At first sight India's spasm of anti-corruption protests seems to have nothing in common with the Arab street protests and the London riots. From the outside, the Indian middle classes, and their sons and daughters at university, seem to have got the winning ticket in life's lottery. Their horizons are wider and earning power greater than in any previous generation. The Indian economy has been growing at five per cent a year since the 1990s, which should provide plenty of opportunities.
But things do not look like that on the ground, of course. Since the recession of 2008, some economists have turned their attention to the neglected issue of inequality. Income inequality is rising all over the world, even in once egalitarian Sweden. It goes hand in hand with globalisation and seems to be an inevitable consequence of developing countries, such as China and India, raising their standard of living.
In a new study published by the journal Foreign Affairs, the World Bank economist Branko Milanovic concludes that the perception of inequality is an important factor in fomenting mass dissent, sometimes even more important than the statistical reality. And there is nothing that aggravates the perception of inequality more than the knowledge that corrupt officials or cronies are stealing the fruits of growth.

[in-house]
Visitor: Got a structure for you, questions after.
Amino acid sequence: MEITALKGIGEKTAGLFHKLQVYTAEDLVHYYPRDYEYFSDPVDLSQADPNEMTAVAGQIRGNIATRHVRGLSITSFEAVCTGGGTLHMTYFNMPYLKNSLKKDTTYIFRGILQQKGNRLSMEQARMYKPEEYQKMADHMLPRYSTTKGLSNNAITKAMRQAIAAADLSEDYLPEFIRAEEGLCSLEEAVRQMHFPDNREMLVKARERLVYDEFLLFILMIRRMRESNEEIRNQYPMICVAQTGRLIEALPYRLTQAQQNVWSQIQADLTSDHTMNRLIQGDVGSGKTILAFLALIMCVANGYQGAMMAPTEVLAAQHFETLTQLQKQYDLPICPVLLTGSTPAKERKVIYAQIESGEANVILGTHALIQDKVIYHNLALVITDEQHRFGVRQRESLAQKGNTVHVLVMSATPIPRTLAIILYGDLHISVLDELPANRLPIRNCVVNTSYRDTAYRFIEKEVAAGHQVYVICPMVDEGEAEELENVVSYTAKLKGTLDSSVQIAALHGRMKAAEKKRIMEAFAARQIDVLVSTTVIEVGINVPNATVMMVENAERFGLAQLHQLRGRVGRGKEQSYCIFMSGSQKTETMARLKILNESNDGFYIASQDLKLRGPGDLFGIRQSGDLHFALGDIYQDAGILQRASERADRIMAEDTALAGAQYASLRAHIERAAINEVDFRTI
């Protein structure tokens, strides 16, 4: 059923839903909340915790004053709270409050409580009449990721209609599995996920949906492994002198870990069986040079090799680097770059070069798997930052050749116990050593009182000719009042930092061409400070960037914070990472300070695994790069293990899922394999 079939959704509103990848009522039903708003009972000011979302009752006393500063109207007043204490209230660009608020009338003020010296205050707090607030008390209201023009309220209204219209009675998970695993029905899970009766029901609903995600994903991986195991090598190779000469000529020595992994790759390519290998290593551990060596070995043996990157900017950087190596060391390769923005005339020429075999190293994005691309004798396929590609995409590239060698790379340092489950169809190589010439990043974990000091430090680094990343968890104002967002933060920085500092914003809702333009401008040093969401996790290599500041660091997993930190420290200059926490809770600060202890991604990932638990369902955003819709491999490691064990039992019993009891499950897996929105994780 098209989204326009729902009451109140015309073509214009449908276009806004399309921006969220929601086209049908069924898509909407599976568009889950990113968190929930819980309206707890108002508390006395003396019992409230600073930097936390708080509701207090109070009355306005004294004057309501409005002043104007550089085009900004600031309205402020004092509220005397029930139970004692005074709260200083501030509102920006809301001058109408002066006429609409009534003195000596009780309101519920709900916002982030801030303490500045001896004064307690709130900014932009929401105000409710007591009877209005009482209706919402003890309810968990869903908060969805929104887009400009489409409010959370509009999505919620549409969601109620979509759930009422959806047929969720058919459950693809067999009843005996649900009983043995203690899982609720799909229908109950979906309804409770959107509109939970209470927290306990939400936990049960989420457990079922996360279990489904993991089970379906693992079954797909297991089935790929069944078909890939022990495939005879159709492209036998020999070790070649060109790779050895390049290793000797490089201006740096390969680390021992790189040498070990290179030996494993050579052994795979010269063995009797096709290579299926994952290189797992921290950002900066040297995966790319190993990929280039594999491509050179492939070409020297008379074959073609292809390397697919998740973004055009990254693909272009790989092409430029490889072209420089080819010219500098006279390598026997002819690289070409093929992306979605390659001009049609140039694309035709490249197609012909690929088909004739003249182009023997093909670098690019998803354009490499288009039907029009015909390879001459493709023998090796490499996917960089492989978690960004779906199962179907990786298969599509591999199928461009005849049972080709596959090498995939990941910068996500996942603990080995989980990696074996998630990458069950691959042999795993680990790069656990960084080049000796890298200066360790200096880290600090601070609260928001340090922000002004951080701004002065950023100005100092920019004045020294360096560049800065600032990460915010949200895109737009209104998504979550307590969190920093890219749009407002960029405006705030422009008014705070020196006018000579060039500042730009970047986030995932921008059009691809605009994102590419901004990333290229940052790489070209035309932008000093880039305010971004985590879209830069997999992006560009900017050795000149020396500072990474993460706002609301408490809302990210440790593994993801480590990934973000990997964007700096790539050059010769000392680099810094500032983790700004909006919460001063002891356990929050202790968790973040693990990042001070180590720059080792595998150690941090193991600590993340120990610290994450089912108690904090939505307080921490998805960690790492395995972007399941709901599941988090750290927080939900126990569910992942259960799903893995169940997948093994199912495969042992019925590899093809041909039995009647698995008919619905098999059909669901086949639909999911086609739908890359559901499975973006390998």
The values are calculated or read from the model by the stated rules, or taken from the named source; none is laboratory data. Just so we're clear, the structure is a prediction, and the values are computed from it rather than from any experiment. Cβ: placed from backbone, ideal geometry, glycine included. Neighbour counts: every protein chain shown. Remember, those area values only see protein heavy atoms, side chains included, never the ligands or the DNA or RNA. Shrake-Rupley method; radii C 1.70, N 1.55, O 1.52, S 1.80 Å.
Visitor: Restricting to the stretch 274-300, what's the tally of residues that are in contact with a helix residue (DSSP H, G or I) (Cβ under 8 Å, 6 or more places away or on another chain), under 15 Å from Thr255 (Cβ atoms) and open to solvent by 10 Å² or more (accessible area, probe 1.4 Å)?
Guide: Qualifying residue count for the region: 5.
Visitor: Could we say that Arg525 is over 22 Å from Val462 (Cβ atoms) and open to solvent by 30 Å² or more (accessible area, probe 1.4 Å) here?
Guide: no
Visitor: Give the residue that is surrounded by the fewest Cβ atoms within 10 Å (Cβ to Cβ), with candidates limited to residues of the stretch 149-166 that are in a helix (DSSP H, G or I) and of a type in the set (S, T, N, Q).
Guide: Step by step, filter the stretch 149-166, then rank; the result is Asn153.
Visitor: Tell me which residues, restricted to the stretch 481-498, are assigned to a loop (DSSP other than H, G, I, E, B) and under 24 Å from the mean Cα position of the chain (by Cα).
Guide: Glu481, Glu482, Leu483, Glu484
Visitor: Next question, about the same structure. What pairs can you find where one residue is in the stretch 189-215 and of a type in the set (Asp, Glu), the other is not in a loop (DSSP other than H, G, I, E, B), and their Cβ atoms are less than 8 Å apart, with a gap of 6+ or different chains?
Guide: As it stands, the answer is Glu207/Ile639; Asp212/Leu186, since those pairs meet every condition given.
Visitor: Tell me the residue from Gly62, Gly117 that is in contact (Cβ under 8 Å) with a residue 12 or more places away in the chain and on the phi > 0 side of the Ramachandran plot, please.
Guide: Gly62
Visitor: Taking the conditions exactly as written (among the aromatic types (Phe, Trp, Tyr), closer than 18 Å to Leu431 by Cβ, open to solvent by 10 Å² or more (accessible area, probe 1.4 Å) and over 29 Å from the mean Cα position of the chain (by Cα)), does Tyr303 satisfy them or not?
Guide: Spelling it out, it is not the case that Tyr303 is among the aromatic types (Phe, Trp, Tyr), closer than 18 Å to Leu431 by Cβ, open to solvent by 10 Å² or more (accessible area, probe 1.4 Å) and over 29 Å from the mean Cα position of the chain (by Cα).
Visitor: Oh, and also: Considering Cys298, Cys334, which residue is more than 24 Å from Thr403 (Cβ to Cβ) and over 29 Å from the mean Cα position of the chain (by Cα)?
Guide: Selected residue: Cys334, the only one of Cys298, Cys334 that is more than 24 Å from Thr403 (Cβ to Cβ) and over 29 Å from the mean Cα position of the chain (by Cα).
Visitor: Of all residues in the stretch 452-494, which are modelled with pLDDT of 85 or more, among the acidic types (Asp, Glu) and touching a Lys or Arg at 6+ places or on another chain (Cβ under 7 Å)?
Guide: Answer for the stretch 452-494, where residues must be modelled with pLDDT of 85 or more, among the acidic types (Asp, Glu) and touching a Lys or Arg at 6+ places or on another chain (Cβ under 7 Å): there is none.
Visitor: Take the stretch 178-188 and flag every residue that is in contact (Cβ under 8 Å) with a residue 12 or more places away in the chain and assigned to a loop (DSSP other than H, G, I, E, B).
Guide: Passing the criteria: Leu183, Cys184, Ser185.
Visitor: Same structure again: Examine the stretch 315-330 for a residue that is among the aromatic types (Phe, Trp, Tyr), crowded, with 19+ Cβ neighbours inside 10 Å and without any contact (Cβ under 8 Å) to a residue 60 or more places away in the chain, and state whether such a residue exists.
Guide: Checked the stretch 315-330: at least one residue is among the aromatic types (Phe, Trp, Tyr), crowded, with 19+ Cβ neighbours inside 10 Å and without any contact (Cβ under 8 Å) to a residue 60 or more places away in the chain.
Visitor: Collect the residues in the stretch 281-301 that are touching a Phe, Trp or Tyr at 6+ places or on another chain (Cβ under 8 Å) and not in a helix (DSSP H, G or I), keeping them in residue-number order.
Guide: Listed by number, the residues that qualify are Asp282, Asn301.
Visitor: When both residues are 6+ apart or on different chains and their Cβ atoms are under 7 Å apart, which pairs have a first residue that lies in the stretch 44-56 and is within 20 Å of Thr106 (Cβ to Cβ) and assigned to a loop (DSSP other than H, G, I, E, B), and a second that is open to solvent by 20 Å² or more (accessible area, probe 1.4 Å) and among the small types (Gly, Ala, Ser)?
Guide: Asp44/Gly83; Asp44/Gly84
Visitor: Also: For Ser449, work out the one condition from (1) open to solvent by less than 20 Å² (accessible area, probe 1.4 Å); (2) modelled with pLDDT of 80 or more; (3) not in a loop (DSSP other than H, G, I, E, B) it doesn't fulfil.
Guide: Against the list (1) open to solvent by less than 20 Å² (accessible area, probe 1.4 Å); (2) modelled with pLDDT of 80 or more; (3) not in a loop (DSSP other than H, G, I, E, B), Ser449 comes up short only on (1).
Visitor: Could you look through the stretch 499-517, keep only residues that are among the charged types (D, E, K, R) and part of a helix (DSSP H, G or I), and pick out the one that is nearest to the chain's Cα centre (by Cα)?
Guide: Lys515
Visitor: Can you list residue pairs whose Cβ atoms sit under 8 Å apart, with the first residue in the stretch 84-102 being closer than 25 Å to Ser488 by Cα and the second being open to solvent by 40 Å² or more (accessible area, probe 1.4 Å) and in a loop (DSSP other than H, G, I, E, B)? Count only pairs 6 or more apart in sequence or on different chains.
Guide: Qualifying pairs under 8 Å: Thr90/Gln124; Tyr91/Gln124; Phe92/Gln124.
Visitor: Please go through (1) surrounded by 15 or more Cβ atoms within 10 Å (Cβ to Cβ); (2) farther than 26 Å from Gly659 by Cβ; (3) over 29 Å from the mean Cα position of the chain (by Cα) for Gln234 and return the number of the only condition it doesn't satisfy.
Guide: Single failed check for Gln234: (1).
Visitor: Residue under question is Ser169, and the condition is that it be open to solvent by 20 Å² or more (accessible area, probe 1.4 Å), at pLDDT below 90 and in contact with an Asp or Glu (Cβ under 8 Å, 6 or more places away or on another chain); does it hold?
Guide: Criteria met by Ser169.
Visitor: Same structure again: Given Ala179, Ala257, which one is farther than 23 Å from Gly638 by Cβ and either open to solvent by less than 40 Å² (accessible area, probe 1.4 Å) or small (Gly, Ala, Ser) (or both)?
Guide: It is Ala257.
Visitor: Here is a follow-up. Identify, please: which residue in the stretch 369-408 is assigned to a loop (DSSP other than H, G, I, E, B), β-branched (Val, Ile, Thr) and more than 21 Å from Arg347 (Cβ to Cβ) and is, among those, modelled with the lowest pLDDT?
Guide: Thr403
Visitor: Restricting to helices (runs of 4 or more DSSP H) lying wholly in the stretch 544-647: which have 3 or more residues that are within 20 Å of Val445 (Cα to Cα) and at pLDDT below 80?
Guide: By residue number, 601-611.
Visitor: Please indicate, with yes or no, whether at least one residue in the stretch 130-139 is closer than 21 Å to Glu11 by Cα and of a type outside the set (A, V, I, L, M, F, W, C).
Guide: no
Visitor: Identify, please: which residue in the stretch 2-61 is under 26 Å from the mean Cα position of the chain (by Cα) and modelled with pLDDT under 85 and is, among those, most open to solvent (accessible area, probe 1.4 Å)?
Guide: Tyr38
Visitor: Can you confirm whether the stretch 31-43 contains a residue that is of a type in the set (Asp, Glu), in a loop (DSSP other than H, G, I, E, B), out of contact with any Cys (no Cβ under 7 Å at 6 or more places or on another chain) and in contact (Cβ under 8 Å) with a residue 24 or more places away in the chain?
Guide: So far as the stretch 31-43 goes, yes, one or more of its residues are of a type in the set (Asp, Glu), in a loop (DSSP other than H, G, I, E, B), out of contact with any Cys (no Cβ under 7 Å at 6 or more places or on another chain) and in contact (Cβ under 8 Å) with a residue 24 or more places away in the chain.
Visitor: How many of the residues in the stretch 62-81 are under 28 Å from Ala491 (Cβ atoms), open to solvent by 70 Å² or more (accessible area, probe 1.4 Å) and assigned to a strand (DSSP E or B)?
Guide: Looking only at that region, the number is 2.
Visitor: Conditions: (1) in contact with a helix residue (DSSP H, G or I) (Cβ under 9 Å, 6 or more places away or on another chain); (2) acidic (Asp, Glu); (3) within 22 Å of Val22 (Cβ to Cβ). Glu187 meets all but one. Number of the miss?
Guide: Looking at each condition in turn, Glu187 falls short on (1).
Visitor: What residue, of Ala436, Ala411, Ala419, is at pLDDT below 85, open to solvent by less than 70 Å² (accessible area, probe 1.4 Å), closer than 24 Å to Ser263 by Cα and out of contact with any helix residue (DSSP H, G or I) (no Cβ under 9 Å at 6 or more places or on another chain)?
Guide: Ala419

Mr Milanovic writes that at the start of the Arab protests, income inequality in Tunisia was at levels comparable with the US and not changing, while in Egypt it was falling, meaning that national wealth was actually being more evenly shared. "In both Egypt and Tunisia, the top of the income pyramid was composed of people who acquired their wealth through corruption. The jobless saw their problems as resulting directly from the way the rich amassed their fortunes," Dr Milanovic concludes.
The globalised economy, meanwhile, turns the middle classes into "frustrated achievers". However hard they work or study, there will always be people with faster cars and bigger homes. Though their lives are infinitely more comfortable than their parents', they will focus their anger on the corrupt rich who have amassed their wealth not through hard slog but by connections.